Van has finished reading… Friday Black by Nana Kwame Adjei-Brenyah

7 Jan

friday black

It may be a famous quote, I can’t remember, but didn’t someone once say that when you’re black everything you write is about being black, even when it’s not? If it’s not a famous quote, well, I’ve said it. A white boy in a white man’s world, talking about blackness.

Because that’s never happened before…

With Nana Kwame Adjei-Brenyah’s Friday Black you get the real deal. From the overt statements that are The Finkelstein 5 and Zimmer Land to the subtler tones of How To Sell A Jacket As Told By Ice King. There’s an edgy humour in these slices of life but you cannot doubt that you’re being looked in the eye as you laugh, particularly with The Finkelstein 5. The absurdist nature of the comedy element – the defence presented at the trial of a truly heinous crime – quickly pales as the author’s punches hit home: but this is life; this kind of thing has happened; this kind of thing is not the past.

The day after I’d read The Finkelstein 5 I heard a polite ‘excuse me’ while walking in the park. Two teenagers came past on their bikes, both saying ‘thank you’ as they went. Not thanks, or cheers, or ta! or any other informal recognition you might’ve expected from a couple of teenagers out on their bikes. And I genuinely wondered, is that you or are you dialling down for the white people? I hope to God they weren’t, then I also hope to God I’m not one of those people who becomes a caricature around black teenagers, trying to be all matey and street. Yes, Mr Adjei-Brenyah’s definitely right about that. I’ve seen it with my own eyes.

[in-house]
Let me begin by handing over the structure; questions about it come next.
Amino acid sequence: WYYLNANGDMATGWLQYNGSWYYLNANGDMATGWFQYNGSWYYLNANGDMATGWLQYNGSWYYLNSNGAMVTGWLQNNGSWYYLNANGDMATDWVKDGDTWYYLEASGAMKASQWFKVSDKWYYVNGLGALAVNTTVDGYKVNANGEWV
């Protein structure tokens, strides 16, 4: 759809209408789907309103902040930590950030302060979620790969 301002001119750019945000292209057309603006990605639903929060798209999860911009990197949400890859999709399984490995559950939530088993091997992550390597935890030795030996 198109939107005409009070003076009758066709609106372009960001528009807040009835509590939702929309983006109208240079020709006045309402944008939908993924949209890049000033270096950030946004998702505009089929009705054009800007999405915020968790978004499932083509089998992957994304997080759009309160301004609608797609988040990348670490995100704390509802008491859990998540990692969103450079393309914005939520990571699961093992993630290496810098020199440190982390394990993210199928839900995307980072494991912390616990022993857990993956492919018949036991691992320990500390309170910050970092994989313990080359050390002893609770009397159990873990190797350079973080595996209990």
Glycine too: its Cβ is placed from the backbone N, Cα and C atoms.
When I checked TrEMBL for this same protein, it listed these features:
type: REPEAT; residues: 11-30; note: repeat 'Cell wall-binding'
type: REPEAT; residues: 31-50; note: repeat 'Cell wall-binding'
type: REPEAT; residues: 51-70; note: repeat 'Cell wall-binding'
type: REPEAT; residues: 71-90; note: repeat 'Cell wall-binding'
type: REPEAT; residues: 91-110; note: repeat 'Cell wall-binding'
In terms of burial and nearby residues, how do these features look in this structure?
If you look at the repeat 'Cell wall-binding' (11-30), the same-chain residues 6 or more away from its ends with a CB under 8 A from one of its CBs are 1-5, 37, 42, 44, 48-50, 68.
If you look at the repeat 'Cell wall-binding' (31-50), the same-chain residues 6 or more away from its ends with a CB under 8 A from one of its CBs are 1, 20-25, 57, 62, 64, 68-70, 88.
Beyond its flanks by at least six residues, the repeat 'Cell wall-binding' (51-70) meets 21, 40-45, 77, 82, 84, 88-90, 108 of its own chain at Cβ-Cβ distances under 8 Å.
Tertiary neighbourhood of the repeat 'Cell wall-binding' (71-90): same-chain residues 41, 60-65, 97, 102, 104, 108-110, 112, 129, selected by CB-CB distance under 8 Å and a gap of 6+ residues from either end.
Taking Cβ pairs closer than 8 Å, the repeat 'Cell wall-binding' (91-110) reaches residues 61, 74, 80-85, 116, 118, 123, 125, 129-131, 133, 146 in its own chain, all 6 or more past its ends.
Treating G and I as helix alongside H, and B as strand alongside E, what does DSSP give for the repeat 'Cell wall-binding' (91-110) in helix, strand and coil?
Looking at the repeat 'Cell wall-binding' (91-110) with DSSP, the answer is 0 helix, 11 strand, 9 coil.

The range covered by the stories collected in Friday Black might at first glance make them seem somewhat disparate but there are threads not so much pulling them together as holding them in close company. The sense of the outsider is there time and again, the desire to belong. Then there’s that febrile striving for justice, not only for wanting to do the right thing but also for others to recognise their errors and see the true path. Whichever way you slice it Nana Kwame Adjei-Brenyah’s Friday Black gives you twelve wonderfully immersive and deeply thought-provoking stories to enjoy. It’s well worth adding to your TBR pile.

 

Friday Black was published by riverrun on the 23rd October 2018 ISBN:9781787476011

You can find Nana Kwame on Twitter @NK_Adjei

My especial thanks to Ana McLaughlin at riverrun for allowing me to review this collection.

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